By Farhad Daftary
Discussing the several stages in Ismaili history, this book describes either the early Ismailis in addition to the contributions of the later Ismailis to Islamic tradition in medieval instances. a few chapters care for key Ismaili members resembling Hasan-i Sabbah. different chapters contextualize the Ismailis in the early Muslim societies, as well as investigating the Ismaili-Crusader family and the ensuing legends at the Ismaili mystery practices.
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Additional resources for Ismailis in Medieval Muslim Societies: A Historical Introduction to an Islamic Community (Ismaili Heritage)
The Ithnaʿashari and Ismaili Shiʿis On Jaʿfar al-Sadiq’s death, the Imami Shiʿa split into several groups. A large number recognized al-Sadiq’s eldest surviving son ʿAbd Allah al-Aftah as their imam. These Shiʿis, known as Fathiyya, maintained some prominence until the tenth century. When ʿAbd Allah died shortly after his father, however, the bulk of his supporters went over to his half-brother Musa al-Kazim who had already been acknowledged as his father’s successor by a faction of the Imamiyya.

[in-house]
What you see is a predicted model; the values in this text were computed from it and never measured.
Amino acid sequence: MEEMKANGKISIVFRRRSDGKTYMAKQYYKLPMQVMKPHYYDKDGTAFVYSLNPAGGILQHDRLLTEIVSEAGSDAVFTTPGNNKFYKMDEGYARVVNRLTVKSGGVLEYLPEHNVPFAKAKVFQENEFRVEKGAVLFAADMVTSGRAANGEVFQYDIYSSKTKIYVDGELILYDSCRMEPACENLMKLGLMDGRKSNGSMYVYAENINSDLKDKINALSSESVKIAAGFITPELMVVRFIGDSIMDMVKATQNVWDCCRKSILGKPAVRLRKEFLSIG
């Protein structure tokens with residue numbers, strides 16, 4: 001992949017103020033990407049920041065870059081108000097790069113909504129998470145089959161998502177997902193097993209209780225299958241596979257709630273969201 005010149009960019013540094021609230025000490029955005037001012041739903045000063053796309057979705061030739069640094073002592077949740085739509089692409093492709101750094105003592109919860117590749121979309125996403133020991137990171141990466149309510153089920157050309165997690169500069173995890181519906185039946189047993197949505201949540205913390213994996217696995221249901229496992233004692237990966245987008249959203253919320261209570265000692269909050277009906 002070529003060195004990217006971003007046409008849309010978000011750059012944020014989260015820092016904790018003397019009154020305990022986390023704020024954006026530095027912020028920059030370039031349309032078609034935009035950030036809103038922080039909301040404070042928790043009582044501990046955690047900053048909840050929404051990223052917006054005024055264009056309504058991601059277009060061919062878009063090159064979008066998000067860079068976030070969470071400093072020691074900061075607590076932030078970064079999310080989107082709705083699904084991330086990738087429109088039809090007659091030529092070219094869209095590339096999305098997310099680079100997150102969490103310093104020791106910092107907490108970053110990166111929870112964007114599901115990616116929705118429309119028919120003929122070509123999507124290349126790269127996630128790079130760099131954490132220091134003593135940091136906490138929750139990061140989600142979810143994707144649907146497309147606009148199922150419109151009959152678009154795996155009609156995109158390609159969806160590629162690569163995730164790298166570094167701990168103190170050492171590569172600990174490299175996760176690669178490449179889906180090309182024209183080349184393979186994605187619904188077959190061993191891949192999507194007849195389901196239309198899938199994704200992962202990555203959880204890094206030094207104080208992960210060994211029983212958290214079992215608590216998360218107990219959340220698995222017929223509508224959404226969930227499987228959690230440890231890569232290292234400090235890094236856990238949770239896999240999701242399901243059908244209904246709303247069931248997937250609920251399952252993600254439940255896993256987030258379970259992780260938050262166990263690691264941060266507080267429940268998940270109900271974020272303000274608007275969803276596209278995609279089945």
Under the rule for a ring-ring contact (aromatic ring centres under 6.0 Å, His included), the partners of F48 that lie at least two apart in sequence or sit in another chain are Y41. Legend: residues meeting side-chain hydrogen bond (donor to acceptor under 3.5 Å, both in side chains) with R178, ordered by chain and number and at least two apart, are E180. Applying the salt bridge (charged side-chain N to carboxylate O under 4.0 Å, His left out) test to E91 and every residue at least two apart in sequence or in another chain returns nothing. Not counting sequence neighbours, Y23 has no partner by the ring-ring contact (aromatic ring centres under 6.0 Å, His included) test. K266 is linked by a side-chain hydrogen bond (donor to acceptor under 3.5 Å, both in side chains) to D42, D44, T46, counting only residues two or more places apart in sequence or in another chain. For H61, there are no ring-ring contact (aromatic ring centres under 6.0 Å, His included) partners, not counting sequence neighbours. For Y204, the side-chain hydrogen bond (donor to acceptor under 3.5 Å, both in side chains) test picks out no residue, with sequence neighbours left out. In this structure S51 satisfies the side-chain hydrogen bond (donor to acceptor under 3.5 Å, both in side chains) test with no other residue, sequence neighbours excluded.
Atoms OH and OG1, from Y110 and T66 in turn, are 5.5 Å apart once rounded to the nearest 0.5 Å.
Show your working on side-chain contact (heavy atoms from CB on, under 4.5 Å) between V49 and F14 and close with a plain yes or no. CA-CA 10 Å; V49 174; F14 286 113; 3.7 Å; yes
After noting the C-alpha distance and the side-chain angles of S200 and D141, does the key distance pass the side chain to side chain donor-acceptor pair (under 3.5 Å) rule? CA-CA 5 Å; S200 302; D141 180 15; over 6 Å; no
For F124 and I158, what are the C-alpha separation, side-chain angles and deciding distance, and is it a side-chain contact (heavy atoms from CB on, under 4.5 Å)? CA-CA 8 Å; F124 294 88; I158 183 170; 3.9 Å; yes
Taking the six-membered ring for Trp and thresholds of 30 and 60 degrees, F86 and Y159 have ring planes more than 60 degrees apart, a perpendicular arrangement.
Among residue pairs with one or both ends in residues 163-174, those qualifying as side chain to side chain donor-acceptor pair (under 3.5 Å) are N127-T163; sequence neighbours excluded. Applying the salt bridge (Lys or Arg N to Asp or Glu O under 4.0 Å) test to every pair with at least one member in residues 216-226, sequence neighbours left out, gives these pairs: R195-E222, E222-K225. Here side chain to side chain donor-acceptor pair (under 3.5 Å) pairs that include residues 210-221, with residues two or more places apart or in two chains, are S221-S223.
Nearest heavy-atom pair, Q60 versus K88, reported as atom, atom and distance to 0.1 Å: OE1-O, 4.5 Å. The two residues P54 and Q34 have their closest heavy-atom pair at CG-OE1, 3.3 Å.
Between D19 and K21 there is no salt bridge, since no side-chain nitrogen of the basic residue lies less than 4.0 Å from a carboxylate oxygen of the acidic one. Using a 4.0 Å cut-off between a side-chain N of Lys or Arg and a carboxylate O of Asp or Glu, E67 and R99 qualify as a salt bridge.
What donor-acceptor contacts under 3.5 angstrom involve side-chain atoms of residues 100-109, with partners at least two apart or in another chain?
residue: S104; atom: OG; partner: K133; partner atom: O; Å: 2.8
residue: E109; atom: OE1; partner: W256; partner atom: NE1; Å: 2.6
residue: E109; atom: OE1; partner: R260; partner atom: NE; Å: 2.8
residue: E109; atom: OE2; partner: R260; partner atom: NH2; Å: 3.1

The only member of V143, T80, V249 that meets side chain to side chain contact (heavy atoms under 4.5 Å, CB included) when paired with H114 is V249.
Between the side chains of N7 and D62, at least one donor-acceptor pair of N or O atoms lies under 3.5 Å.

The polemicists cleverly concocted detailed accounts of the sinister teachings and practices of the Ismailis while refuting the ʿAlid genealogy of their imams as descendants of Imam Jaʿfar al-Sadiq. Anti-Ismaili polemical writings provided a major source of information for Sunni heresiographers, such as alBaghdadi (d. 3 A number of polemicists also fabricated The Ismailis and Ismaili Studies 3 travesties in which they attributed a variety of objectionable beliefs and practices to the Ismailis; and these forgeries circulated as genuine Ismaili treatises and were used as source materials by subsequent generations of polemicists and heresiographers.
Notes . See Paul E. Walker, Exploring an Islamic Empire: Fatimid History and its Sources (London, 2002), and F. Daftary, Ismaili Literature: A Bibliography of Sources and Studies (London, 2004), especially pp. 20–38. 2. F. Daftary, A Short History of the Ismailis (Edinburgh, 998), pp. 20–58. 3 . Abu Mansur ʿAbd al-Qahir b. Tahir al-Baghdadi, al-Farq bayn al-ﬁraq, ed. M. Badr (Cairo, 328/90), pp. , Moslem Schisms and Sects, part II, tr. S. Halkin (Tel Aviv, 935), pp. 07–57. 4. M. Stern, ‘The “Book of the Highest Initiation” and other Anti-Ismaʿili Travesties’, in his Studies in Early Ismaʿilism (Jerusalem and Leiden, 983), pp.